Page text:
Convolutional layers use a convolution operation to the input passing the result to the next layer. This means that convolutional neural networks show outstanding results in image and speech applications, such as translators and bots.
In a simple way, LSTM networks have some internal contextual state cells that act as long-term or short-term memory cells. The output of the LSTM network is modulated by the state of these cells. This is a very important property when we need the prediction of the neural network to depend on the historical context of inputs, rather than only on the very last input.
Now that you have a grasp on which type of learning processes can be implemented, let’s explain how these networks communicate with the average Joe.
Usually, when I think of assistants, my mind travels to the typical 90’s installation wizards, which were a great tool to help users installing software. Do you still remember those? Of course, nowadays, we simply called them interfaces. Only now with the advancements in AI new types of smart-assistants are being developed and introduced in different products. We can find some examples by looking at Telegram and some websites which use communication bots — a very basic type of oracle or genie (depending on its properties).
There are four main types of assistants we can choose from, that grant their users the power to communicate easily with a given AI.
Depending on the assistant, there are higher or lower chances of the interacting agent making bad decisions — which can be any decision that goes against the end user’s goal. The strength of each AI’s predictions’ success is related, as we’ve seen before, to the data-set and machine learning algorithms. One thing worth mentioning, before diving deep into each AI assistant type, is the extreme importance of comprehending the strengths and weaknesses of assisted AI interaction.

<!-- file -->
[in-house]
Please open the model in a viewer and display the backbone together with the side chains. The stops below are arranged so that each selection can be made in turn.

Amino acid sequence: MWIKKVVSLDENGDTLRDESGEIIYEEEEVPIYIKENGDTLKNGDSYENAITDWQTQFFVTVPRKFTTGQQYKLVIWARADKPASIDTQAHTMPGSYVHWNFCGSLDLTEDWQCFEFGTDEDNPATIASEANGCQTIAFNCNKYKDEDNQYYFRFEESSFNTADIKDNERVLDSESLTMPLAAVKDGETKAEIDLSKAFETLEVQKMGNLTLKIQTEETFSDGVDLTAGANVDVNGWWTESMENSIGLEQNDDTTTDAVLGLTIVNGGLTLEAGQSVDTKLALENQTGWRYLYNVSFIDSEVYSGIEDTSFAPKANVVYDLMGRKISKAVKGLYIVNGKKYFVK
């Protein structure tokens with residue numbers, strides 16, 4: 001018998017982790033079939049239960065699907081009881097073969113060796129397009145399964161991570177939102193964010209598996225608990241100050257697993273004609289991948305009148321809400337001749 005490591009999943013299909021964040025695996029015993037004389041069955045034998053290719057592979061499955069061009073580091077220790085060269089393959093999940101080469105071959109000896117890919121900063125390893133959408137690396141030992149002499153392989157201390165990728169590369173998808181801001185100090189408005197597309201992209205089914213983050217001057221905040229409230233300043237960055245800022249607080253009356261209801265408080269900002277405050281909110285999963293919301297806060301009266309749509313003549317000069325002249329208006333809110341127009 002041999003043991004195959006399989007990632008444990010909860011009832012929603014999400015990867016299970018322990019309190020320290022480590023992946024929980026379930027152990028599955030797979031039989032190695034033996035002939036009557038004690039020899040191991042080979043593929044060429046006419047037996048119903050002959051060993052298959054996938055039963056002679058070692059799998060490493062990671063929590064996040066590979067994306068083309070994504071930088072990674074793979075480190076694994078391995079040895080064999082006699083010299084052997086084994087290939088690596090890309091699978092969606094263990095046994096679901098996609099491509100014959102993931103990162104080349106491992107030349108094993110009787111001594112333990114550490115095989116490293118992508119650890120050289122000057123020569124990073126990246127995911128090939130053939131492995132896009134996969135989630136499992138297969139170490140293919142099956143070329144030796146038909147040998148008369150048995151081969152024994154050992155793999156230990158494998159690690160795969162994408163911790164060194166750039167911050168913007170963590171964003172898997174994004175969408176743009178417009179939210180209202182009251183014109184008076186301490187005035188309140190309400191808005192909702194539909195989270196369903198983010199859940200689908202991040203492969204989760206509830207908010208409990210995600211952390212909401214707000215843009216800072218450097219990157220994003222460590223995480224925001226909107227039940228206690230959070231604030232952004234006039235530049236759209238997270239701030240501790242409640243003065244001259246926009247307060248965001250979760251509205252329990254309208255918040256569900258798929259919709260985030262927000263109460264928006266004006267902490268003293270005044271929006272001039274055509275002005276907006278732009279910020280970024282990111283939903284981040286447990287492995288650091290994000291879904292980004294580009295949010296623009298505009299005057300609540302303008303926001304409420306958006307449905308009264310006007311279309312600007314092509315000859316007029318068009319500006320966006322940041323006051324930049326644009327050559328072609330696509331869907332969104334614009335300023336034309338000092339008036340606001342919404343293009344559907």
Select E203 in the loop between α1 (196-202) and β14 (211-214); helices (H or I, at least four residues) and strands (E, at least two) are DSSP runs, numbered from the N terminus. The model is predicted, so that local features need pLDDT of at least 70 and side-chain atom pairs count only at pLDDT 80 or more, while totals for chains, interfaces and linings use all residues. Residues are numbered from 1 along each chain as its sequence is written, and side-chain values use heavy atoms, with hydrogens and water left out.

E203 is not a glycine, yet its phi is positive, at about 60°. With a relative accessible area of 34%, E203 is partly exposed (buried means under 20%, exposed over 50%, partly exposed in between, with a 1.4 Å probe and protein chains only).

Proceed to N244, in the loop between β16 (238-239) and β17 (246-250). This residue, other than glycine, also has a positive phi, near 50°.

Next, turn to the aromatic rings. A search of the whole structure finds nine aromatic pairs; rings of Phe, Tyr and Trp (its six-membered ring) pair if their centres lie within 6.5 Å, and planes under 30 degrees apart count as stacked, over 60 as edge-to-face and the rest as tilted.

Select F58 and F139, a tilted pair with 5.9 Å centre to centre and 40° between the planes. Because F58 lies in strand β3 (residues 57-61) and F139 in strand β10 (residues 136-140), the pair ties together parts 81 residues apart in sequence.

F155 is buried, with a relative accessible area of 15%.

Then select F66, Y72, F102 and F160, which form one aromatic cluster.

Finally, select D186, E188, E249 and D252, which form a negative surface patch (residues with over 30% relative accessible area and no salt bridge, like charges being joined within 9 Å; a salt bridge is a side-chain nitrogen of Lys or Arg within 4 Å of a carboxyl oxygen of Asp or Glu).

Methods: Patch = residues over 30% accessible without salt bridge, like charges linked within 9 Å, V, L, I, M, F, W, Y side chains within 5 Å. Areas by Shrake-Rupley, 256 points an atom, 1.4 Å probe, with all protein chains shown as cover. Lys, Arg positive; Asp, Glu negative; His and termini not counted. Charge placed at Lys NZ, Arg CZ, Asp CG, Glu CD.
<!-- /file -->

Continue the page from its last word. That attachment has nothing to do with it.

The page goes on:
The first problem is that, most times, agents cannot predict with absolute certainty whether the AI is following the proposed programmed logic to achieve the best outcome possible; in other words, the AI’s objective might change depending on its preferences, hence, applying the correct rewards and incentives game-like mechanics is so crucial for any AI’s success.
The second problem is that no AI developer will ever be able to create enough fail-safes to prevent dumb users from making mistakes. The reason being, expertise comes from knowledge and practice, meaning, if a certain AI evolves above a certain threshold of human understanding, even the AI creator won’t possess enough skill to understand its goals and logic.
Right, now that those problems are out of the way (not really, but at least we know they exist), let’s focus in discussing each assistant type.
1. Oracles: question & answer system (read-only)
Oracles are the first line of interface between user and machine. Usually, oracles serve the purpose of giving quick answers or instructions to users about the mechanics of a certain program. Oracles can be domain-limited, so each answer is mathematically based; output-restricted oracles come next, and these represent systems which give a yes/no/NA type of answers and, finally, there are oracles which can have fail-safes like not answering questions that go into a disaster criteria list. Telegram bots (found on most ICO projects) usually come in this category, as users are able to interact with specific groups by requesting the bot information about a topic related to said project.